Monday, March 31, 2014

Rodger Mitchell — Is this the end, or just the beginning, of money?

Drawing the implications of Vodafone's M-Pesa (M for mobile, pesa is Swahili for money) for monetary theory.

Federal Debt Is Money


Anonymous said...

These kinds of money are effectively just prison cigarette money. That is they, are ad hoc media of exchanged improvised by people who lack economic power and effective political control over the forces that govern their economic lives. Not a surprising development on our prison planet, but also just a way of making do and getting by, not the beginning of a solution to anything.

Tom Hickey said...

I think it is way to early to tell. We are entering a new age and there is generational cohort coming to the fore that has only thought digital and never analogy. this is going to transform cultural and institutions in ways that are presently unforeseeable, especially by people that did not grow up digitally.

Unknown said...

Jason is my son. For some reason, I'm stuck with his account when I comment.

When I first came across MMT, and Jason was 11 years old, I was talking to him about it. And I mentioned that money is mostly electronic entries on computers.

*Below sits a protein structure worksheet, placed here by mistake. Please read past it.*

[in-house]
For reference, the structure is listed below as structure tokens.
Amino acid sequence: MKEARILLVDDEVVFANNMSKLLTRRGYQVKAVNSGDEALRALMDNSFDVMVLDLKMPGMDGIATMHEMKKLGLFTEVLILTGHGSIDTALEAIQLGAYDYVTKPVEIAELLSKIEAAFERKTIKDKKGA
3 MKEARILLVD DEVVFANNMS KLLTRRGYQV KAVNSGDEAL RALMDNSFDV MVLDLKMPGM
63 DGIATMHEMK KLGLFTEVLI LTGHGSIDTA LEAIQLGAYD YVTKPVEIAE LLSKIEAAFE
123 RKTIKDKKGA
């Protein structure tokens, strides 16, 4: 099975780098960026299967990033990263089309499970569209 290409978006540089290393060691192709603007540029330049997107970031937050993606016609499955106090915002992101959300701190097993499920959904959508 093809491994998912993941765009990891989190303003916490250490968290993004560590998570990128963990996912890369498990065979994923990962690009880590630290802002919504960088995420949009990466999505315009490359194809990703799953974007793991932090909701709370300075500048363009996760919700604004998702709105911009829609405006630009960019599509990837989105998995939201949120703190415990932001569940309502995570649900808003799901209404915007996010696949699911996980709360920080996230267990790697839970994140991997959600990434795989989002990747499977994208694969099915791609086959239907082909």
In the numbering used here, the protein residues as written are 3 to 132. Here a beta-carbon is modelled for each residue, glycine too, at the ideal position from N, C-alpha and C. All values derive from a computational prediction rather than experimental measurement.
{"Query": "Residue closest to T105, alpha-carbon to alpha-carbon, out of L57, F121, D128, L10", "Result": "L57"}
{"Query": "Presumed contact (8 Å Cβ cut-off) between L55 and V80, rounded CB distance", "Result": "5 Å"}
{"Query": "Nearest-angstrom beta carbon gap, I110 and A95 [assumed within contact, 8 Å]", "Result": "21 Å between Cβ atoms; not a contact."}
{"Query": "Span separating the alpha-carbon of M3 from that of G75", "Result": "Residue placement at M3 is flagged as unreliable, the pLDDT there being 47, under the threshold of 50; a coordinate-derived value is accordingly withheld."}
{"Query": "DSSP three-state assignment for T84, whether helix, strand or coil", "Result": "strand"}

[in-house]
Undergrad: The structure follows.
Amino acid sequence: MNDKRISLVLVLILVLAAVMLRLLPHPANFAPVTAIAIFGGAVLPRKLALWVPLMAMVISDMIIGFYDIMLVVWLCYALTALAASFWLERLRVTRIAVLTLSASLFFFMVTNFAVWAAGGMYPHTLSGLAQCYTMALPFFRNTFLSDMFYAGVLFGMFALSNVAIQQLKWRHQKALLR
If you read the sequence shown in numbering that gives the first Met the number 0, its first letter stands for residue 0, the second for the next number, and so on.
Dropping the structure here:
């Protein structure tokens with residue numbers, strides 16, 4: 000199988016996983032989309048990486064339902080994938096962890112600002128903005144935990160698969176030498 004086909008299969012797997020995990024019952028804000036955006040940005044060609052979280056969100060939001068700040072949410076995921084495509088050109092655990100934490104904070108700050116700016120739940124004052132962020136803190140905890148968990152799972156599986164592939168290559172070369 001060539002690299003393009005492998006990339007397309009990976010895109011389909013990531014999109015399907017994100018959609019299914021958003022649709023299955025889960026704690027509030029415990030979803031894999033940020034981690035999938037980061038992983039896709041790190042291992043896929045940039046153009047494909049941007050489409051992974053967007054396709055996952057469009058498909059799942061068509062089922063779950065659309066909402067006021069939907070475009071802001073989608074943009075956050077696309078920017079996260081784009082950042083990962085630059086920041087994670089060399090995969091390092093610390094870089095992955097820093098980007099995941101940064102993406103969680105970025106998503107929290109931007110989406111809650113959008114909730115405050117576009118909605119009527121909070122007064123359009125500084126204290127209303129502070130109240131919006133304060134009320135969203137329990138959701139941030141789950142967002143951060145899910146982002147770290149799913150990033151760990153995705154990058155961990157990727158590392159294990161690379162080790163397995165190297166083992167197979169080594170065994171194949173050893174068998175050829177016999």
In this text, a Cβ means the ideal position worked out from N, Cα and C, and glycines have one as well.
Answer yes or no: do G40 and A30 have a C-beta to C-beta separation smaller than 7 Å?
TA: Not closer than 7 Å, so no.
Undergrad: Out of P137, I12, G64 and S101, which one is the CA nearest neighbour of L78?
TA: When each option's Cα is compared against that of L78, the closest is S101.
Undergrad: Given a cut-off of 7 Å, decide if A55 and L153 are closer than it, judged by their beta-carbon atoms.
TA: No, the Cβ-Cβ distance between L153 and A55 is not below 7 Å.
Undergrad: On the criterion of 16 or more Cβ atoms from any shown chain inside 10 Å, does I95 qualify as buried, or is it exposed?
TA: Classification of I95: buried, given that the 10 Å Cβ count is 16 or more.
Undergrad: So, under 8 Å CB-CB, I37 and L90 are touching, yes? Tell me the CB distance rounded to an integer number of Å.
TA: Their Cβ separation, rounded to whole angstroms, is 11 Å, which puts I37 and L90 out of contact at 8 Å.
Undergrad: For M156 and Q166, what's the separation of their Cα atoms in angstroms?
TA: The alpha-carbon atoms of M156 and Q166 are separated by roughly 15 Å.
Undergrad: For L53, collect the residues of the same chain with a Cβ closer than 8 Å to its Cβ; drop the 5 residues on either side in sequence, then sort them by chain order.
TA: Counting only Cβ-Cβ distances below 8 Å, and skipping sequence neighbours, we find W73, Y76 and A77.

His attitude: Of course, what else could it possibly be????


Unknown said...

BTW, Jason is now 14.

The pick is the philosopher J. L. Austin.

He takes philosophy courses at a local, private college.

He's the youngest student they've ever had.

Anyway, just bragging.

Unknown said...

One more post:

It seems to me that Jason's generation, under 15 years, view the computer quite differently than kids even slightly older than themselves, say 17 and up.

Just my limited experience with my own kids, their friends, nieces, nephews, and such -- but there doesn't seem to be any notion of the computer as at all a novelty.

No obsession with the new iphone, or new this or new that.

Just an assumption that innovation will continue, and a curiosity of where things might lead.

Less hype.

More integration.

Less focus on social networks like facebook.

Less interest in texting. Jason's class does very little texting, and many don't even like it at all.

Anyway, just personal stories....

Wonder if there's larger validity to my observations.

Anonymous said...

Right, but this has nothing to do with digital v. analog, Tom. All of our monetary systems are already digital.

Tom Hickey said...

I don't think that most people who didn't grow up digitally know that, unless they have a particular reason to be exposed to it.

The Austrian-Libertarians think that money is gold, People like Scott Sumner think that cash has some special importance. The ordinary person thinks of money in terms of cash, too. They see checks and credit cards, and even digital transfers if they use them, as cash substitutes.

Most people don't realize that banks create money by lending. They think that banks lend out deposits. If you ask most people where money comes from, they will say, "from the government." While they realize that government doesn't spend cash directly, they think of credits to accounts as cash that is withdrawable on demand, which is obviously government issue.